• 3. Astronauts are never totally in zero gravity. In the International Space Station (ISS), astronauts experience about 90% of the Earth's gravitational force.

    This is because the ISS orbits the Earth at a height of about 400 km, where the gravitational pull of the Earth can still be felt. However, because the ISS orbits Earth, everything inside the station, including the astronauts and their equipment, appears to float. This is why it is often said that astronauts experience "microgravity" rather than "zero gravity." Despite the small amount of gravity, the effects of microgravity on the human body and scientific experiments are still significant and require special considerations.

  • 4. As predicted by Einstein over 100 years ago, in 2016 it was proven that all matter emits gravitational waves, or "disturbances in the curvature of spacetime" (yikes).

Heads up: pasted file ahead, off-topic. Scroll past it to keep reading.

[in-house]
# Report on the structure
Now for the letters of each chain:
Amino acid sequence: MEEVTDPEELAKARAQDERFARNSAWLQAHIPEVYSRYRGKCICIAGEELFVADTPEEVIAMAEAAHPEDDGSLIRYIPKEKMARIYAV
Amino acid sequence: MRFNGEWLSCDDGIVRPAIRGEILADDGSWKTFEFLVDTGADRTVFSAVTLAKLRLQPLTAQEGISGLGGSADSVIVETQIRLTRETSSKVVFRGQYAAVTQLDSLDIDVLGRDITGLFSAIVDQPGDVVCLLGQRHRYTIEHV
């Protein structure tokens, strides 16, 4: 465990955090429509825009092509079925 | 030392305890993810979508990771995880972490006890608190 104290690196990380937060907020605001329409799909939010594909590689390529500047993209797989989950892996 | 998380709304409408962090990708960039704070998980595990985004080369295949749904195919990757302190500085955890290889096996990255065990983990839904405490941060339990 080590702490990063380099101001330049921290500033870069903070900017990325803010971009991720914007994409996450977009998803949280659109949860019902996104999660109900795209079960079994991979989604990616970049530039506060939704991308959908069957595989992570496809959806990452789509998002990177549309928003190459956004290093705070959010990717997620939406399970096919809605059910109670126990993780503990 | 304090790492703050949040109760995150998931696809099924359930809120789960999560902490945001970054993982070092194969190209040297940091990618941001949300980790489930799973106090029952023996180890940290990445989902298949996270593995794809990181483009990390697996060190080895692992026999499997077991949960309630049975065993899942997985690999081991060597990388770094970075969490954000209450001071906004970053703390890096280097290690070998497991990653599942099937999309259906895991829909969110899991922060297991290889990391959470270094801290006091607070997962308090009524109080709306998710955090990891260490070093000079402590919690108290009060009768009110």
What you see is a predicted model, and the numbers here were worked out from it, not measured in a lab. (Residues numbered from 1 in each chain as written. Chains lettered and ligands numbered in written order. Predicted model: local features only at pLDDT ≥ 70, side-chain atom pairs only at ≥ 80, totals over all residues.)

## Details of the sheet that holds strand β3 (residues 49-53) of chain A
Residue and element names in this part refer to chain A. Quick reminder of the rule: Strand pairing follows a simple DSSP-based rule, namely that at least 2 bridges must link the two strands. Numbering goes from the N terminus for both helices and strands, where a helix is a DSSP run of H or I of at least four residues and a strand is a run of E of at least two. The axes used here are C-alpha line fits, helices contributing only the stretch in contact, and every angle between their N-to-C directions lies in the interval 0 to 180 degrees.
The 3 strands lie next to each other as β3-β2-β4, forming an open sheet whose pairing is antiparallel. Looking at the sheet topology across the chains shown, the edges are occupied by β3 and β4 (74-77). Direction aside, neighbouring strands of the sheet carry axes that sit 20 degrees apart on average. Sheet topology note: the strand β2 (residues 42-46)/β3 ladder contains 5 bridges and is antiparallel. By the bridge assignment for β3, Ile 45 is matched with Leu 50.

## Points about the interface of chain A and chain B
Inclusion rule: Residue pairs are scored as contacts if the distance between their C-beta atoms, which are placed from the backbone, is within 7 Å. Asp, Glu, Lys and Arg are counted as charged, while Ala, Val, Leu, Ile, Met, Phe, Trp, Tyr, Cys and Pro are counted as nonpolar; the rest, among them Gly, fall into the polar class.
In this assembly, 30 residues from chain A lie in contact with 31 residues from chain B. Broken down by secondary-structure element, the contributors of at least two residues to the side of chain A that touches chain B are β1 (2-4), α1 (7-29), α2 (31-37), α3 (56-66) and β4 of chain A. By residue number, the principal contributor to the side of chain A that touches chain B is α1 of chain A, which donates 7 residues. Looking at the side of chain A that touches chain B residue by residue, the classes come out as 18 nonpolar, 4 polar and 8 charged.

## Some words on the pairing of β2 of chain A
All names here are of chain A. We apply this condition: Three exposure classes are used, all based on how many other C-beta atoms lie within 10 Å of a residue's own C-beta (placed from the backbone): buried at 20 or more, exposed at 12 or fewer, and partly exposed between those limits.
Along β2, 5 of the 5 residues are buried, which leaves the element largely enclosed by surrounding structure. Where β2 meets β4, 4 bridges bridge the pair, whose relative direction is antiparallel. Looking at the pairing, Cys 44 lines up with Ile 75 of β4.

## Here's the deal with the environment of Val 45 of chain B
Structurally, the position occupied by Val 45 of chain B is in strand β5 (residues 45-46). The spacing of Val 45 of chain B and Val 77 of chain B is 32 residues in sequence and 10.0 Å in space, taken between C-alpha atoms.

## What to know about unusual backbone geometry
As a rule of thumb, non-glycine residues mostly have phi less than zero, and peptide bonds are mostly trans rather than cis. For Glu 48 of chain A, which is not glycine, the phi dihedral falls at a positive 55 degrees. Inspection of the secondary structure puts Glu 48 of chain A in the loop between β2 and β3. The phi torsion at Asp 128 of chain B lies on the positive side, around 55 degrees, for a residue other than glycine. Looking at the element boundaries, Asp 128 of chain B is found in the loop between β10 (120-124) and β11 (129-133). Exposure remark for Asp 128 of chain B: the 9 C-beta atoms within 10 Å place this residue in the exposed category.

In his theory of general relativity in 1907, Albert Einstein explained how gravitational waves are like ripples in space and time, caused by the movement of massive objects like planets, stars, and black holes. These waves are incredibly small, and detecting them required the most sensitive instruments ever built. In 2016, the Laser Interferometer Gravitational-Wave Observatory (LIGO) detected gravitational waves for the first time using a system of lasers and mirrors. The signal was caused by the collision of two black holes over a billion light-years away!